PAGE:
In a survey conducted for the National Union of Hotel, Restaurant and Cafe Operators, a third of French restaurants acknowledged serving such factory-frozen products to clients. Restaurant owners estimated that the real number is substantially higher, as many chefs were embarrassed to admit the short cuts that, in effect, hoodwink their customers.
Aside from the element of fraud, serving factory-prepared dishes, chefs pointed out, amounts to betraying the national heritage of fine eating and undermining one of the main reasons that France is the world’s top tourist destination. After all, they recalled, the U.N. Educational, Scientific and Cultural Organization has declared the classic French meal part of the world patrimony.
One chef who spoke out was Bernard Grateloup, who owns the Cafe de la Poste at Carmaux, a little town 50 miles northeast of Toulouse. Grateloup told reporters that he buys fresh fruits and vegetables at the market when he can but resorts readily to frozen meats and out-of-season produce because they are so much cheaper and easier to manage.
A chunk of tuna cooked Provencal style with an attractive ratatouille on the side, for instance, can be bought in a restaurant-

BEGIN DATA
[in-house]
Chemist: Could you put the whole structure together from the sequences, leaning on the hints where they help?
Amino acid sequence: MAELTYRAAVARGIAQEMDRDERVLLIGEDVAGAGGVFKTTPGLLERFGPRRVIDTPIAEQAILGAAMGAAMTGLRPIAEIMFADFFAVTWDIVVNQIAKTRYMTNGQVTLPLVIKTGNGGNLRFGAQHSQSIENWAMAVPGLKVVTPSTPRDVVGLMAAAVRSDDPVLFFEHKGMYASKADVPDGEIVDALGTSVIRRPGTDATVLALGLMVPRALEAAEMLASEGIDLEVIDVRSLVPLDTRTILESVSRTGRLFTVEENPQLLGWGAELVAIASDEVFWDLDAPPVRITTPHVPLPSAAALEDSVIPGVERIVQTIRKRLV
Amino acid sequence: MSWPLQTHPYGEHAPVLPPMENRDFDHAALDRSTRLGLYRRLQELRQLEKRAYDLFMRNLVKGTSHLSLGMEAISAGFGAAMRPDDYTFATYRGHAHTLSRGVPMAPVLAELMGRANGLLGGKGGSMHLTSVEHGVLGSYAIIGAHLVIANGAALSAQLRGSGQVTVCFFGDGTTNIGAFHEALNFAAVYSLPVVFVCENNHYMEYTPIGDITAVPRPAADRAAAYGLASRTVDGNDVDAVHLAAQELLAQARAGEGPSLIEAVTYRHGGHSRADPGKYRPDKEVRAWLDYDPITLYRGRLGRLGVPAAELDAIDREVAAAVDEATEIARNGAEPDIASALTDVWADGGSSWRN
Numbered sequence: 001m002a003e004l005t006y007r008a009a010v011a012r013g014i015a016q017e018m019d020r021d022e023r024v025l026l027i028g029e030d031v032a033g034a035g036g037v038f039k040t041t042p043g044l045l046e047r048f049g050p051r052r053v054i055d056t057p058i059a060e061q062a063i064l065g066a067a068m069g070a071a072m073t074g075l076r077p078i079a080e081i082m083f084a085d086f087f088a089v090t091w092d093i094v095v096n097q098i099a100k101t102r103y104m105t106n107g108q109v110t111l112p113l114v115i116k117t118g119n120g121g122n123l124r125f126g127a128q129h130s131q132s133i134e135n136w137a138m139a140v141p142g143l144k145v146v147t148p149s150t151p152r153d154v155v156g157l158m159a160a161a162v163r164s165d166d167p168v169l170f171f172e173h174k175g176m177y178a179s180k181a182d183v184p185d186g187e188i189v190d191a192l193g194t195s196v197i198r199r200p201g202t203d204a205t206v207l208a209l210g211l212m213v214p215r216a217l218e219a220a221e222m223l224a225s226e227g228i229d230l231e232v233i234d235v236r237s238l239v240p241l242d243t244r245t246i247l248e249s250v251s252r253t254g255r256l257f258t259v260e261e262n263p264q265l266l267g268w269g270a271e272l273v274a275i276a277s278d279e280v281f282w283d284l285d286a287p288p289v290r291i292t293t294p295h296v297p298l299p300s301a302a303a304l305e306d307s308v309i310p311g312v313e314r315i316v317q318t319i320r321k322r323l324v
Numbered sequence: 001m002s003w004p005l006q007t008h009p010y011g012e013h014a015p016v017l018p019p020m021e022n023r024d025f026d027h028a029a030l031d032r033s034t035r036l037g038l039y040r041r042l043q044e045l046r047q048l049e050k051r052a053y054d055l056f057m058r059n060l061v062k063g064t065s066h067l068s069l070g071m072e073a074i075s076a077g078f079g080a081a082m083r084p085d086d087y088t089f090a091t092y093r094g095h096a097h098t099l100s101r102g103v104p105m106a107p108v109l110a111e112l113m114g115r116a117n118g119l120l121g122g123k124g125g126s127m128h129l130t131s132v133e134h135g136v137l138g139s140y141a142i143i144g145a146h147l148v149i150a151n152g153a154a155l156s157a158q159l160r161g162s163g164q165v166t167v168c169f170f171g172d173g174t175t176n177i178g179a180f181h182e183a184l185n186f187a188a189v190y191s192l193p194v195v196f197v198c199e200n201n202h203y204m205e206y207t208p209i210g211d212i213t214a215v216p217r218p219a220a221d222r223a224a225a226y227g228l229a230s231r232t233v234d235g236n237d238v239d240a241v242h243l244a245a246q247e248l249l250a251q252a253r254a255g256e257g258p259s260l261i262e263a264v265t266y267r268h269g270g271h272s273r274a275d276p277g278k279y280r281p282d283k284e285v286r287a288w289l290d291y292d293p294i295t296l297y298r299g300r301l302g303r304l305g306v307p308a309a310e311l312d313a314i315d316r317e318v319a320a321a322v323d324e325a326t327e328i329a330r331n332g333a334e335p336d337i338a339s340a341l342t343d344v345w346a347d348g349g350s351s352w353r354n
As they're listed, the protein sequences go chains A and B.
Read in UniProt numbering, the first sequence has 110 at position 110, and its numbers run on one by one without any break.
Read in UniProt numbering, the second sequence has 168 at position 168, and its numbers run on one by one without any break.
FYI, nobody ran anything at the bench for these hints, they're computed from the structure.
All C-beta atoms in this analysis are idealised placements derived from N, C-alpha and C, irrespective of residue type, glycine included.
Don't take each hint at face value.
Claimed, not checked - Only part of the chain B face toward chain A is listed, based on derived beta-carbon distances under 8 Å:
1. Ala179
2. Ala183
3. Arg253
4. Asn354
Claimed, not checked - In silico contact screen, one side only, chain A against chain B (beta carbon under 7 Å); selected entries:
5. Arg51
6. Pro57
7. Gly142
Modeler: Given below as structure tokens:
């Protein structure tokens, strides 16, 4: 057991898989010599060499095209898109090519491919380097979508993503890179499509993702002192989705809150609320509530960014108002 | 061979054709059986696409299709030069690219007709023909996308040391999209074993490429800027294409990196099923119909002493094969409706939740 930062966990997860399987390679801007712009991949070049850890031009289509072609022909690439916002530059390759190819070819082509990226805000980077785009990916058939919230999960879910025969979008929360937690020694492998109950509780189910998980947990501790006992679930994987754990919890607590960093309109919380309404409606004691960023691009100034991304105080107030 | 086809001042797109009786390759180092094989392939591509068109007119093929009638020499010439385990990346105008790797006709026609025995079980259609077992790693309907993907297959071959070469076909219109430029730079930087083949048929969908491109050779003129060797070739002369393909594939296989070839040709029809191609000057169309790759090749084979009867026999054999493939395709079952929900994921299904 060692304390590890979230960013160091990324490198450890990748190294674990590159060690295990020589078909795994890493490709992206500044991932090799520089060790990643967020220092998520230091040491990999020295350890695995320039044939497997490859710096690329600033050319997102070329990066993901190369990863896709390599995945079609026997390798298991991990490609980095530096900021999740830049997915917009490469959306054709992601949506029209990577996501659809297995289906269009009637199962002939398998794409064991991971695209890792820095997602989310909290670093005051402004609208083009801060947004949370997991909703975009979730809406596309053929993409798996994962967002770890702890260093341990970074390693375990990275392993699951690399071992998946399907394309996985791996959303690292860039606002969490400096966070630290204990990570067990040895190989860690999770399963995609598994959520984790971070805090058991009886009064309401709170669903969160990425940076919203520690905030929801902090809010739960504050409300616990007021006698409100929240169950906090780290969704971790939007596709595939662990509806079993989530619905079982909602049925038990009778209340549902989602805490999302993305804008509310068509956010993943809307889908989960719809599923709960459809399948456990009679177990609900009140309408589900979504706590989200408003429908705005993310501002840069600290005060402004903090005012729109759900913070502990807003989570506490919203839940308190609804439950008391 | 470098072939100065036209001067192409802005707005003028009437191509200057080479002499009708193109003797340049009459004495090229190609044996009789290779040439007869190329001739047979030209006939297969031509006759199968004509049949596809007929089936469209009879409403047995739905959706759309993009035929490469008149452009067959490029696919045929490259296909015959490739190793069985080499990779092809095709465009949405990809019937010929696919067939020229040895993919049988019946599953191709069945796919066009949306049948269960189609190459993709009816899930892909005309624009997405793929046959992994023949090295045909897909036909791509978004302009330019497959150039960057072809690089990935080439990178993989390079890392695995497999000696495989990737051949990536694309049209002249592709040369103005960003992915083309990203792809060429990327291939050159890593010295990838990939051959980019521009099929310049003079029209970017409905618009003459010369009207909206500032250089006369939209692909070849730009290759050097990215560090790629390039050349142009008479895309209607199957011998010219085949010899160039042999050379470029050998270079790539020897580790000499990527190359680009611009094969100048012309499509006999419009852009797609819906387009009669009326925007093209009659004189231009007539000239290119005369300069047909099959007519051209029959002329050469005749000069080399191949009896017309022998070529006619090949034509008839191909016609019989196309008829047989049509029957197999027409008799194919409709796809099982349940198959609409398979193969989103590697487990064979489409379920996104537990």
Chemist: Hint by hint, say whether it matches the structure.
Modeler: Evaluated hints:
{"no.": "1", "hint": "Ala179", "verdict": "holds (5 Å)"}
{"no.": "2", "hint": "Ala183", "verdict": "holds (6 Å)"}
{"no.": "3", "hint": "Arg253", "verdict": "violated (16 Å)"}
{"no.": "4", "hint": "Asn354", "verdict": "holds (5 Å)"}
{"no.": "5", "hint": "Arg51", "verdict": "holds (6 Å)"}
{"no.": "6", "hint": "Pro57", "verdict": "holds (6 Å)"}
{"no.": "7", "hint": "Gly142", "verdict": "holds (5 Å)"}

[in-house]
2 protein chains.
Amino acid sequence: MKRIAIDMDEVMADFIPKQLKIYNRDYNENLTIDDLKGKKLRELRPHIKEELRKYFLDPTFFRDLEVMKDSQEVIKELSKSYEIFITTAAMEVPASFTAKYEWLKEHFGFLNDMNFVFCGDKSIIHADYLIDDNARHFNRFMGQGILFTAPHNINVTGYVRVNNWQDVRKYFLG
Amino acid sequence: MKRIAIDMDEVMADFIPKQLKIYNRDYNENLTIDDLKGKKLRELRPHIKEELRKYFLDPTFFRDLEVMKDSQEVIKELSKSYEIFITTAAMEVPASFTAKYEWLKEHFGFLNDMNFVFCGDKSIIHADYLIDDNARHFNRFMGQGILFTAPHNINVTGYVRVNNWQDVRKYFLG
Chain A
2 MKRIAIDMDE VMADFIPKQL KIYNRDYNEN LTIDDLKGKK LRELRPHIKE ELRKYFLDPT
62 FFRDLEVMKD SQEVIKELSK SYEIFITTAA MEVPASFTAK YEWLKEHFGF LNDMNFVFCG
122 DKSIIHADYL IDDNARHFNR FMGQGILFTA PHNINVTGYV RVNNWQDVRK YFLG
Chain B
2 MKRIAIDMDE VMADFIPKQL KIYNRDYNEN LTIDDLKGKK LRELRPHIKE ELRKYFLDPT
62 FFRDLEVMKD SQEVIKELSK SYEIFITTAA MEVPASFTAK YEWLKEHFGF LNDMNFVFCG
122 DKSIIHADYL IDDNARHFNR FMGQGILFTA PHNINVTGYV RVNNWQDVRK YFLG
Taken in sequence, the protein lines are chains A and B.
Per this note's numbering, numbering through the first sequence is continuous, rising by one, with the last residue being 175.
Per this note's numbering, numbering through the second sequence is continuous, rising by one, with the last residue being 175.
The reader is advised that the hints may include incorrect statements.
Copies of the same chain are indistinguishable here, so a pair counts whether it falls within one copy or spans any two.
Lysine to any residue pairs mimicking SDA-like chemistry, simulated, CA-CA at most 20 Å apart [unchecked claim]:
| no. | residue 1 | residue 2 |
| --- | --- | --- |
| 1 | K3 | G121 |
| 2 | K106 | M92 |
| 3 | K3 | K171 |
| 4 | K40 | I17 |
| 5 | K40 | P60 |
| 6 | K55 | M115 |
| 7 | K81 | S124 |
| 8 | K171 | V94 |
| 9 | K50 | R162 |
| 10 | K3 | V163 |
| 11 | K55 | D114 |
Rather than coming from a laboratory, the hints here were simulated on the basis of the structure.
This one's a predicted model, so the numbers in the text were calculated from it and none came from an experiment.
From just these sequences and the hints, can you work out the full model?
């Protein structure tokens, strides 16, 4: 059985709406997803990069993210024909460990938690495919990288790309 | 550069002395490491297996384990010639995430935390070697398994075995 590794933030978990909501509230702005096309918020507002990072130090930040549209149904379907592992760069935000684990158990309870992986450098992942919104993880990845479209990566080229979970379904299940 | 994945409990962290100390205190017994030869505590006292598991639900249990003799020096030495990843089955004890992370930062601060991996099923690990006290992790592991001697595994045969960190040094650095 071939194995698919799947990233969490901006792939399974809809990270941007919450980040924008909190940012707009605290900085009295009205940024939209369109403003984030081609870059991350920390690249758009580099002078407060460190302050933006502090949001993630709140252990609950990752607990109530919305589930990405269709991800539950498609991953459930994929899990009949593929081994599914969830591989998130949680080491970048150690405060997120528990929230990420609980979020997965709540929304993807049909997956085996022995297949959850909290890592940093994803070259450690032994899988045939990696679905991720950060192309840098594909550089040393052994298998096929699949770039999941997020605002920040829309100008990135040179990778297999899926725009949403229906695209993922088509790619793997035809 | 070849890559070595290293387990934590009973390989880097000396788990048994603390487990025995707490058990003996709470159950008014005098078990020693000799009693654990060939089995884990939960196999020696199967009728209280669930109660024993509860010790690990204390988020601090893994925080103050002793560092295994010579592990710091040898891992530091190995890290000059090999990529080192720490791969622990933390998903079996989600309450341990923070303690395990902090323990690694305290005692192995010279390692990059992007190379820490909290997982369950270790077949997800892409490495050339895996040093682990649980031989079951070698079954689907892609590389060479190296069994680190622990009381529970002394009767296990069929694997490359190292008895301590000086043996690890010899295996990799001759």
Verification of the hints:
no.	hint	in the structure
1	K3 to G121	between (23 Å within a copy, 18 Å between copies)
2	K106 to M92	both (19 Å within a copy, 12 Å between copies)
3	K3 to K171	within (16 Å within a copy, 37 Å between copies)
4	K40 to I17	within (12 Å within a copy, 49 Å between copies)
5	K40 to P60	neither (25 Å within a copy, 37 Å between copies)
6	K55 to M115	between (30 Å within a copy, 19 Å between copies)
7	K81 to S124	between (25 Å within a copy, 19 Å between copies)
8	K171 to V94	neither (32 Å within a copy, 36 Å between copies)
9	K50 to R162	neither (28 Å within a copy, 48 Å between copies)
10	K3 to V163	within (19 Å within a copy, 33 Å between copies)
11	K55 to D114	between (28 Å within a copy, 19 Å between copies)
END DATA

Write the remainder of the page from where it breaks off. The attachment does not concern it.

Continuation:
supply factory for $4, stored in the freezer indefinitely and sold to a diner for $17 after three minutes in the microwave, according to a report in Marianne magazine. A chocolate eclair for dessert goes for 60 cents at the factory and lands on a restaurant table for a profit of several hundred percent.
The practice has spread across the country in recent years as freezing techniques improve and restaurant owners seek to maximize profits by reducing the number of chefs and assistant chefs in the kitchen. In addition, it coincides with the increasing industrialization of the food industry across Europe, dramatized this year when horsemeat found its way into frozen lasagna and experts had trouble tracing the origins.
‘Stop fooling consumers’
Alain Fontaine, who runs Le Mesturet restaurant near the Opera in Paris — and who cooks his dishes from scratch — lamented the growing tendency not only because it cheats diners but also because it means that everybody ends up eating the same mass-produced food with the same homogenized tastes.
“It’s not right,” he said. “We are going to atrophy our senses.”
Doing things right can hurt the bottom line, Fontaine acknowledged. His top-line chefs take home $2,600 a month after deductions, and assistants make $1,950. Hiring illegal immigrants to man the microwave could reduce expenses exponentially.